Timber for 500 Aussie homes abandoned
Five hundred homes worth of timber, destined for Melbourne, was recently abandoned in a Shanghai dock after a shipping company accepted a lucrative offer to divert course to Los Angeles, according to a recent report by The Age.
The Master Builders Association of Victoria (MBAV) warned the incident could worsen Australia’s timber shortage and lead to unfinished homes nationally.
After arriving in Shanghai in late July, the shipping company was then offered 60 per cent more to use its shipping containers, according to the MBAV, prompting the ship to dump the timber at a Chinese port and leave for the US with new goods on board, according to the report.
It is still unclear how the company was able to take this action, given it had a contract to deliver the goods to Australia.
Ongoing demand and prices for building products, such as timber and steel, have risen steeply which has been exacerbated by a worldwide shortage of shipping containers, according to Federal Trade Minister Dan Tehan. Minister Tehan said that the government was investigating the economic impact of the shipping disruption, while industry leaders said a “perfect storm” of booming demand and tight supply had caused shipping costs to spike threefold.
Recent ABS figures show Australian timber prices rose by 11.8 per cent in the past year and 6.5 per cent in the June quarter. One-fifth of the timber used by Australia’s building industry is imported and some merchants are paying 60 per cent more for imported timber than local product, according to the report.
The dumped timber could inflame the domestic shortages and drive-up costs for Victorian builders who are going broke in record numbers, according to MBAV Chief Executive Rebecca Casson.
“This has the potential to push things over the edge … Basically we will have unfinished homes. We are aware of some Australian merchants that import from major European companies that have experienced difficulty getting product to Australia. There is currently a load of 50 containers, the equivalent of 500 homes, stranded overseas that were abandoned,” she said.
Mr Tehan also pointed out in the report that the pandemic had disrupted the shipping sector and asked organisations that had experienced difficulty importing goods to contact the government.
He said shipping activity rebounded more quickly in countries such as China which got out of lockdowns earlier in 2020, causing a disproportionate number of containers to end up in those places. Insufficient quantity of containers in Europe and North America was the knock-on effect, as nations on those continents emerged from lockdown and rebooted economic activity late last year and early this year, he said in the report.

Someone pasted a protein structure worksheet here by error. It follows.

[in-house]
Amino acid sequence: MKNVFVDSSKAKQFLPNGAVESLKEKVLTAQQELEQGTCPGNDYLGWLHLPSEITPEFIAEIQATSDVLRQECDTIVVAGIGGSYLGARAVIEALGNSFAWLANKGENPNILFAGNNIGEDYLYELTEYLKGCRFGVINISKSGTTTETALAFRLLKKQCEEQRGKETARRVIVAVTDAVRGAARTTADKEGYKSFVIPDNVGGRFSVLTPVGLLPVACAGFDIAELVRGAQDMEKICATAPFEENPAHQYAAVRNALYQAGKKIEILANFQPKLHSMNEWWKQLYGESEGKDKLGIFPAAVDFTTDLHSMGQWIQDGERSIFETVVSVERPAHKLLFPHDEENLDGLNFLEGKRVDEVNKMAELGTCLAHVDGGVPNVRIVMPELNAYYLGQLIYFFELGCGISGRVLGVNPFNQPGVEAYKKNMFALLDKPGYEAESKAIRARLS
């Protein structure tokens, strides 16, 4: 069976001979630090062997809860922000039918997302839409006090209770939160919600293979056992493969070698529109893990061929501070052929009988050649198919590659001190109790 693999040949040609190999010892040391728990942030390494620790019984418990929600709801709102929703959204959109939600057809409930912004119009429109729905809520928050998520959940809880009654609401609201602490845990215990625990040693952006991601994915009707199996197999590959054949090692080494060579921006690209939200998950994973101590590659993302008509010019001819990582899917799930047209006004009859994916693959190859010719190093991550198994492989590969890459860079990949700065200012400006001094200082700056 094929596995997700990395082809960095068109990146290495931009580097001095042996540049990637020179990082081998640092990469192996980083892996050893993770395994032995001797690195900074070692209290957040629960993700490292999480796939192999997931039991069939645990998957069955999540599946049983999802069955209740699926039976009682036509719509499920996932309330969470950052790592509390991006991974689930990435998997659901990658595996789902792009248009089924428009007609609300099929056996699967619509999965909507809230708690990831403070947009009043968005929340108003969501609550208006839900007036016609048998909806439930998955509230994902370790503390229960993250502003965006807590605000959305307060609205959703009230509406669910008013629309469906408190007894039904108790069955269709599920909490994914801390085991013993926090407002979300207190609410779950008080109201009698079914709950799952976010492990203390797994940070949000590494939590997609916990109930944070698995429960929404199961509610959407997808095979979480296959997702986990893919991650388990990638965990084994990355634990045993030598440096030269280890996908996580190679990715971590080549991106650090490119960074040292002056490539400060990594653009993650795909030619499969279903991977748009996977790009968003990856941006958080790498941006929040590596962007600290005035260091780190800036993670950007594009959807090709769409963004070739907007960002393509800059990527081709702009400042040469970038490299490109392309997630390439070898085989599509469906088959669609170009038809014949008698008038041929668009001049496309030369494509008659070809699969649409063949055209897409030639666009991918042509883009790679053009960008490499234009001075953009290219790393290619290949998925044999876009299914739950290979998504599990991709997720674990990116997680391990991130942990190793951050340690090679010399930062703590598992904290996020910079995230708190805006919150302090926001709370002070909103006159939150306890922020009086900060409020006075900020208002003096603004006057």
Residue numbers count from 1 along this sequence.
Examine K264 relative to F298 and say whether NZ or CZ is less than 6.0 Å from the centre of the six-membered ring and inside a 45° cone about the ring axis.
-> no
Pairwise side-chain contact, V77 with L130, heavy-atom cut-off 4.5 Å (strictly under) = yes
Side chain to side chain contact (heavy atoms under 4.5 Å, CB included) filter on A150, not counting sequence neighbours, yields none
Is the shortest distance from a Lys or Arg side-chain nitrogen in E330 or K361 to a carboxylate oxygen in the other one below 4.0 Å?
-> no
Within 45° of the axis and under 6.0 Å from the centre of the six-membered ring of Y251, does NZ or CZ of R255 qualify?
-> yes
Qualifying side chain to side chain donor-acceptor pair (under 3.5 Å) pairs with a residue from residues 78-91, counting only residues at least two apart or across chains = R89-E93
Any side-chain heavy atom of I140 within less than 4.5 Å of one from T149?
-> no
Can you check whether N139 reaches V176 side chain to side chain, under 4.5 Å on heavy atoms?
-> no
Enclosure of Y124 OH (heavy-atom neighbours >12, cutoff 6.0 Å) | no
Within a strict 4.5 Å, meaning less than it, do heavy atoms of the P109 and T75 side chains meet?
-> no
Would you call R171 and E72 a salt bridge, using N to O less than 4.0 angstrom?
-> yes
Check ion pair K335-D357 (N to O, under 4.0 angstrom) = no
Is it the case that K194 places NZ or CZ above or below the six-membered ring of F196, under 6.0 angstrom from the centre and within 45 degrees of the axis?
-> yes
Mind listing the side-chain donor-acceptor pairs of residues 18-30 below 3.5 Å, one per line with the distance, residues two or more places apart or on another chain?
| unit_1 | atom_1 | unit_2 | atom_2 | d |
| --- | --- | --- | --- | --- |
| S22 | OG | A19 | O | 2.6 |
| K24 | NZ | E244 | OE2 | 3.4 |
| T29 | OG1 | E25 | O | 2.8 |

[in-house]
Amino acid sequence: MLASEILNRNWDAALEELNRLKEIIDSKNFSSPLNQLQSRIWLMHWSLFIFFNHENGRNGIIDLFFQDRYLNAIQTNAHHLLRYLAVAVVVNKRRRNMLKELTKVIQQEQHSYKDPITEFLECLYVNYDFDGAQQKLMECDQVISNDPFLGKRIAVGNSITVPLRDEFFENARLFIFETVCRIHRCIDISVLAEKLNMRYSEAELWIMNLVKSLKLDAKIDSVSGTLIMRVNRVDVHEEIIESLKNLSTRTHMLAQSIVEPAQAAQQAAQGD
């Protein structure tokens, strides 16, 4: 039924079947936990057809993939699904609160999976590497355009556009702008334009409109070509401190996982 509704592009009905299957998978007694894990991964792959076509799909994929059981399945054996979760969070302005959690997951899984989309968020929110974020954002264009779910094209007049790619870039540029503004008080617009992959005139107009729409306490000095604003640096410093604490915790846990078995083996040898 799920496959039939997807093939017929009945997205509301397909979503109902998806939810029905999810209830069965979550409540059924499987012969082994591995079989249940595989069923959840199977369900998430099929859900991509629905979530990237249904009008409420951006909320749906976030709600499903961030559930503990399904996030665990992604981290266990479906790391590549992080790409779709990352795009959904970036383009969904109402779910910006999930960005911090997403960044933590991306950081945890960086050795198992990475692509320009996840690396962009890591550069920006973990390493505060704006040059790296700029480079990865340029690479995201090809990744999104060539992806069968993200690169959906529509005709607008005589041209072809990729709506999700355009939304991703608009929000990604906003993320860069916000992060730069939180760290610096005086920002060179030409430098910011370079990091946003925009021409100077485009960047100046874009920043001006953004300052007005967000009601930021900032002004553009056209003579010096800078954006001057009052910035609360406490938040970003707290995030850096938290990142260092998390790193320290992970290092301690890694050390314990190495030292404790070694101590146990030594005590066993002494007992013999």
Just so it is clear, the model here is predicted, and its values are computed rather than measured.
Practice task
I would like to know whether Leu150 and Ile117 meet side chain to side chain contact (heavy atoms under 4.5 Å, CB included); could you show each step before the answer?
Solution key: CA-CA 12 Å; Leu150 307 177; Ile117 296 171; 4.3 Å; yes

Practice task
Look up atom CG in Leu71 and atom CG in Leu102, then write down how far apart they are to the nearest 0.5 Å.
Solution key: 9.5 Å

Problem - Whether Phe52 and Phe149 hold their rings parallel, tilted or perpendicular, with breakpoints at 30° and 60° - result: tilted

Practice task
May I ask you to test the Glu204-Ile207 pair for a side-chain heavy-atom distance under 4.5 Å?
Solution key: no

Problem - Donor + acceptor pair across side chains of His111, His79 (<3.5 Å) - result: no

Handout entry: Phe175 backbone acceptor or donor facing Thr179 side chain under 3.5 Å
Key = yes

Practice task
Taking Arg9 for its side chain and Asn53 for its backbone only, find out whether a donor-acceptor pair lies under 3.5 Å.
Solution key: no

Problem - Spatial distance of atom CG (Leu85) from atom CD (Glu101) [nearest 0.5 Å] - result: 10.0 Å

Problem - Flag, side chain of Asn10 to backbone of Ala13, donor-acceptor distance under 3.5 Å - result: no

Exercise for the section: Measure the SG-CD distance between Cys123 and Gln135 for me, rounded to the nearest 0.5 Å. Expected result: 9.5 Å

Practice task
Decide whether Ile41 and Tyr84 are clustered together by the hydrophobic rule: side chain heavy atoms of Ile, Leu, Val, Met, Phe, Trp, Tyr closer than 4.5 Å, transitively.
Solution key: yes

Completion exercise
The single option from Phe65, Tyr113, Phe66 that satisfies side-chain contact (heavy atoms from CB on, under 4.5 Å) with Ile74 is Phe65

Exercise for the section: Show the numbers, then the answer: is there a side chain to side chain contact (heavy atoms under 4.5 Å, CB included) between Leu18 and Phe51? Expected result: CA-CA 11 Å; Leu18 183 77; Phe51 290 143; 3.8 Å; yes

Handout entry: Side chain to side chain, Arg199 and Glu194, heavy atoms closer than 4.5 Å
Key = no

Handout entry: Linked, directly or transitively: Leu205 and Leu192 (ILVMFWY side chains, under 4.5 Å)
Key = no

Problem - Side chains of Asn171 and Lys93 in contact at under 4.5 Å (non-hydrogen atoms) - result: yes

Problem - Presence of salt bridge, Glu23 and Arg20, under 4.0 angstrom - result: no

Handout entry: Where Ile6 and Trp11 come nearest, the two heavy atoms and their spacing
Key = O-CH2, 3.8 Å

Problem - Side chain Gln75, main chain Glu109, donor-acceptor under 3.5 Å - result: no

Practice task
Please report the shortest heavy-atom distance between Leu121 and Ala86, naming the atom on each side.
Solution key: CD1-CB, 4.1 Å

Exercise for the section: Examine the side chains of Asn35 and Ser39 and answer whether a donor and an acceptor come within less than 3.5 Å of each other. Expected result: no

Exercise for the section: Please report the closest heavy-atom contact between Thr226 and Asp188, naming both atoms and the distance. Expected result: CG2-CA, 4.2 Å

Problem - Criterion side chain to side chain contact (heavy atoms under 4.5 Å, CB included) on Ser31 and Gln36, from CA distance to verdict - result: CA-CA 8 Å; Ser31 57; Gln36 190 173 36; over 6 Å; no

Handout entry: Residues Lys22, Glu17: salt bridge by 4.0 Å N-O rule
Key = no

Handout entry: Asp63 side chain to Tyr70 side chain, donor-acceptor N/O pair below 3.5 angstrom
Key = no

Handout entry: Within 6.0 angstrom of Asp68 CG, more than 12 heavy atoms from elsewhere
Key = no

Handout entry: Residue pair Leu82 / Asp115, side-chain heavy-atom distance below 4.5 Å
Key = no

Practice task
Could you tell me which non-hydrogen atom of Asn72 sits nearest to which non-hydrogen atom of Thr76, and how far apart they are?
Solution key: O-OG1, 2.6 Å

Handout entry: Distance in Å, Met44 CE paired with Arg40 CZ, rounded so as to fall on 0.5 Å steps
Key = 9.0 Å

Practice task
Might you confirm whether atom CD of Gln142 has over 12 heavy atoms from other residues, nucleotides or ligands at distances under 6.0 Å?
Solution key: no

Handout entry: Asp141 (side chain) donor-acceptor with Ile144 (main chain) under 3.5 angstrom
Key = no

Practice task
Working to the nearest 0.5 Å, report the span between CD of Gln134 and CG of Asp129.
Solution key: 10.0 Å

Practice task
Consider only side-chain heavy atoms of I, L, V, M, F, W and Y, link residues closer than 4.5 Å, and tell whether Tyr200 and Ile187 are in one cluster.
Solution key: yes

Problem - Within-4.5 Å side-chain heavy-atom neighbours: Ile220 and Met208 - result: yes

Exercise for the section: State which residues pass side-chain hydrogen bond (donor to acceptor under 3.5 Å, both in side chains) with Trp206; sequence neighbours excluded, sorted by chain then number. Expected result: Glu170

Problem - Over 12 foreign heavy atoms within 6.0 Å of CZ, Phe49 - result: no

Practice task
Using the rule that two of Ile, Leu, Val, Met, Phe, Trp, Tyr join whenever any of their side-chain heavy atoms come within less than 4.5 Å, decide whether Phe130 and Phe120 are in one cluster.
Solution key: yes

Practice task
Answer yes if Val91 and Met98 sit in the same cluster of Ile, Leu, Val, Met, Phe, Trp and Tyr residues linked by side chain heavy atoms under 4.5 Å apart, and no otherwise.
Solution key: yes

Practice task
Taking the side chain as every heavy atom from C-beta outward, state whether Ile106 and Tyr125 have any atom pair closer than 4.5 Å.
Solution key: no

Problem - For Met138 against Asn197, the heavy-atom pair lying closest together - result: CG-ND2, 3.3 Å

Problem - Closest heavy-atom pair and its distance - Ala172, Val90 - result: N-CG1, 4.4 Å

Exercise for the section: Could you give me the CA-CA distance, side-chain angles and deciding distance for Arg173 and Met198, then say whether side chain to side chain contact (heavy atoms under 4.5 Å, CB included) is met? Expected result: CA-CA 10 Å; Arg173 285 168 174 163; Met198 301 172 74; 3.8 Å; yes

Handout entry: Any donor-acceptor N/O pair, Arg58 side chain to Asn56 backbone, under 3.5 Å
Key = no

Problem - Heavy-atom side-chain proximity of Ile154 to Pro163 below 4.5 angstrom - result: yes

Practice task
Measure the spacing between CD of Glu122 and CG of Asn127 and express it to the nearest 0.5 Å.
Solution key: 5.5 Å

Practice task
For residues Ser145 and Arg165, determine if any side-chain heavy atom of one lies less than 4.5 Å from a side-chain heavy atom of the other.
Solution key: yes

“The current misallocation of containers is something the government has been strongly looking at. It’s not an easily resolvable issue. There are up to six-month delays getting into the largest ports like Los Angeles, plus we’re seeing increasing demand and cost of containers to deal with the misallocation,” Mr Tehan said.
Australian Timber Importers Federation General Manager, John Halkett, said it was unsurprising an international shipping company would divert course from Australia to the US. He said shipping costs and port delays had risen dramatically, and it was more financially attractive for companies to deliver to the northern hemisphere.
“There is a perfect storm of demand for building products both in Australia and Europe and the US, and serious issues with supply caused by disruption to shipping and logistics,” he said in the report.
Bushfires, a temporary pause for South Australian mills due to its recent lockdown, delays due to the Suez Canal blockage, and a worldwide vessel shortage are also contributing to the issue.
Ms Casson fears building and construction insolvencies will rise further if supply issues continue and said some businesses were being quoted 18 per cent timber price increases for September orders.
According to the report, Victoria accounted for 40 per cent of all building and construction industry insolvencies in Australia and its share of all Victorian insolvencies is at a record high. In the first four months of 2021, there were 145 industry insolvencies in Victoria – up 34.3 per cent on the same time last year.